Wales At Waters Edge – exhibition, talk and landscape photography workshop

Llandudno off-season - from Wales At Waters Edge
Llandudno off-season – from Wales At Waters Edge

Well, the exhibition is now showing in Gallery 2 (upstairs) at Aberystwyth Arts Centre, and very good it looks too! The Arts Centre, on the main University campus,  is probably the most comprehensive in Wales,with two dedicated gallery spaces,  theatre, cinema, concert hall, ceramics spaces, and numerous other facilities  – including a grand total of three coffee shops! I had my first exhibition there about twenty-five years ago, although I cringe now at the thought of the photographs I proudly presented. You may have heard about the Arts Centre for all the wrong reasons recently – senior staff suspended by the University on apparently spurious grounds,  followed by the “retirement” of the former Director of 28 years, Alan Hewson. It was Alan who offered me that first exhibition opportunity all those years ago so I have a lot to be grateful to him for.  How the remaining staff manage to cope with the increased workload just doesn’t bear thinking about. The exhibition programme is still taking place as planned, however, and Wales at Waters Edge is showing until September 7th.

The exhibition is based on the photographs in the book of the same name, which was published last year. It examines all aspects of the coastline, so conventionally unpromising, man-made subject matter has been sought as well as the stunning landscapes that Wales is rightly renowned for. It would be impossible to do justice to the subject without tackling both. As a consequence both the book and exhibition have also become an exploration of our relationship with nature. Recognising that the audience for an exhibition may be different to that for a book, I have selected and arranged the images using different criteria. I had to reduce the number of images by more than half, and decided to bias the selection towards the built coastal environment. That may seem strange, but there are some very interesting developments around these shores some welcome, some not. If the audience recoils at the sight of some of them,  I feel I will have succeeded. Having said that, though, there is still one group of large (30″ x 20″) wild landscapes and another section devoted to coastal birds.

So please do visit! Let me know and I will meet up with you if I can.

There are two linked events at the Arts Centre. On Thursday August 8th at 6p.m. I will be giving an illustrated talk – entry free of charge.And from Thursday 29th August until Sunday 1st September I will be leading a landscape photography workshop based at the Arts Centre. For further details, please click here

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Lovely weather – but spare a thought for the landscape photographer.

What little colour I could find above the Dyfi Valley.
What little colour I could find above the Dyfi Valley.

After what seems like an eternity most of us are enjoying some warm sunny days. Living up in the hills as I do it is several years since I’ve been able to wear shorts and a tee shirt all day long for several days in a row. And I’m finally getting some serious wear out of the flipflops I rashly bought one September several years ago…….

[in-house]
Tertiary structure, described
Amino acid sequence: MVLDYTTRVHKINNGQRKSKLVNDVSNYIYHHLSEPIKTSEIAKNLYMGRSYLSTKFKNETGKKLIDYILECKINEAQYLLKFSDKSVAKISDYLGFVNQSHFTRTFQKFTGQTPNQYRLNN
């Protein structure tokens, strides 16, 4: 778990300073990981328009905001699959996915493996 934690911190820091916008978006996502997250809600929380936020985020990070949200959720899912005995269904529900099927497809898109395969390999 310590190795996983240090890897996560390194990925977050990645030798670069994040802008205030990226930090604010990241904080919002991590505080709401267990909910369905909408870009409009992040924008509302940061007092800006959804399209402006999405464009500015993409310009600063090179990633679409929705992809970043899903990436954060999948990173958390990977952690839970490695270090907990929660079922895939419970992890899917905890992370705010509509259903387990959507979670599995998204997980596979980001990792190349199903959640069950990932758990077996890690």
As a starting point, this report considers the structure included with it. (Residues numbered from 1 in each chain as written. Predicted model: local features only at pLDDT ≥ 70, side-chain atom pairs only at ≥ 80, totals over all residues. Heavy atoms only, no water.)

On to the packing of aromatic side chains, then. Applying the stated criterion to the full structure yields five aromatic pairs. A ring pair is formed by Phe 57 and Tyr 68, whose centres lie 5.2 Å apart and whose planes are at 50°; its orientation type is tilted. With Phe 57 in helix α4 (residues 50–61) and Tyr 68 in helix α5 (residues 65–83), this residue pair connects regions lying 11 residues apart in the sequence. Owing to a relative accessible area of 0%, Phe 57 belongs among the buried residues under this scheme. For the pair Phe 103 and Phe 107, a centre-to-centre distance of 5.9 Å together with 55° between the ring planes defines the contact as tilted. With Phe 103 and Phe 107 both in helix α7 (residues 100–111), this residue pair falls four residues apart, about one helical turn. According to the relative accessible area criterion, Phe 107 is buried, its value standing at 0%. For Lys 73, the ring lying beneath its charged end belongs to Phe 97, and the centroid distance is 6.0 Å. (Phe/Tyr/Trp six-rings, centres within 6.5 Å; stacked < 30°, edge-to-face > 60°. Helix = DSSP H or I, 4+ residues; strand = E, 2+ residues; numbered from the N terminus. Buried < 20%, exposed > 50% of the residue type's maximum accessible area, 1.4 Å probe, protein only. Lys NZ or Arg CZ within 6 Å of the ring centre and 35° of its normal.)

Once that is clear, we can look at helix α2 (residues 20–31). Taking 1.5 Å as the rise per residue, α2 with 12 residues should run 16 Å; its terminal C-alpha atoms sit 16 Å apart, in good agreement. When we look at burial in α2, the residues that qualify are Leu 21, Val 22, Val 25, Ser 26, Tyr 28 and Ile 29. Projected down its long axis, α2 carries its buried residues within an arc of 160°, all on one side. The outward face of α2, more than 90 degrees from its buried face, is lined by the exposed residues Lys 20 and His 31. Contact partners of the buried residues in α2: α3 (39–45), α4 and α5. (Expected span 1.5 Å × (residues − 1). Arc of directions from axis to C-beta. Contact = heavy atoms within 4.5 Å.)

But for the landscape photographer these conditions are the pretty close to the bottom of the barrel. Wall-to-wall sunshine with barely a cloud in the sky do not a happy photographer make, especially in mid-summer. Sunrise is so horribly early that an enormous effort is required to get up in time and without cloud disappointment is often the result. This week the sunsets have hardly been any more interesting and the disturbed sleeping patterns don’t help either. The predominant colour – often the only colour – in the landscape is mid-green.

I’ve recently been commissioned to provide some images for a footpath promotion project in the Dyfi Valley, just north of Aberystwyth.   They aren’t the most spectacular locations but they are very pleasant mid-Wales landscapes. However one is normally judged on one’s best work, and that is often made at the right time of year and in the very best atmospheric conditions. Most photographs I produce during the next month will, I suspect, be disappointing for the client.

My first efforts last Sunday morning made me realise that this wasn’t going to be an easy job at all. The best ‘views’ from just this one walk were in several different directions. They will need to be photographed at different times of day to make the most of the polariser which I usually use. And this uninterrupted sunshine really doesn’t help at all. Partial cloud cover acts as giant diffuser allowing gentle light to penetrate into the nooks and crannies that direct sunlight cannot reach. Without it the landscape looks harsh and uninteresting.

But I love mid-August onwards, well into September. The landscape seems to come alive as wild grasses wither, bracken begins to turn golden and all sorts of other subtle changes take place. And if you visit the right parts of the country the senses can be assailed by the intense pinks and purples found in heather moorland. It almost seems like a different season, and in fact, according to the Chinese Five Element theory, there IS a fifth season, rather uninspiringly translated into English as ‘late summer’. Some of the other characteristics of the season include ‘earth’ as the relevant element, ‘afternoon’ as the time of day, and ‘spleen-pancreas and stomach’ the bodily organs. But maybe we don’t need to go there…….

Back in the present,  I’ve been able to pack a few postcard and calendar orders off to customers in the last couple of days, so some progress has been made. But it feels so desperately wrong as a photographer to be hoovering the office, spring-cleaning the van and making marmalade, while outside the sun is beating down.

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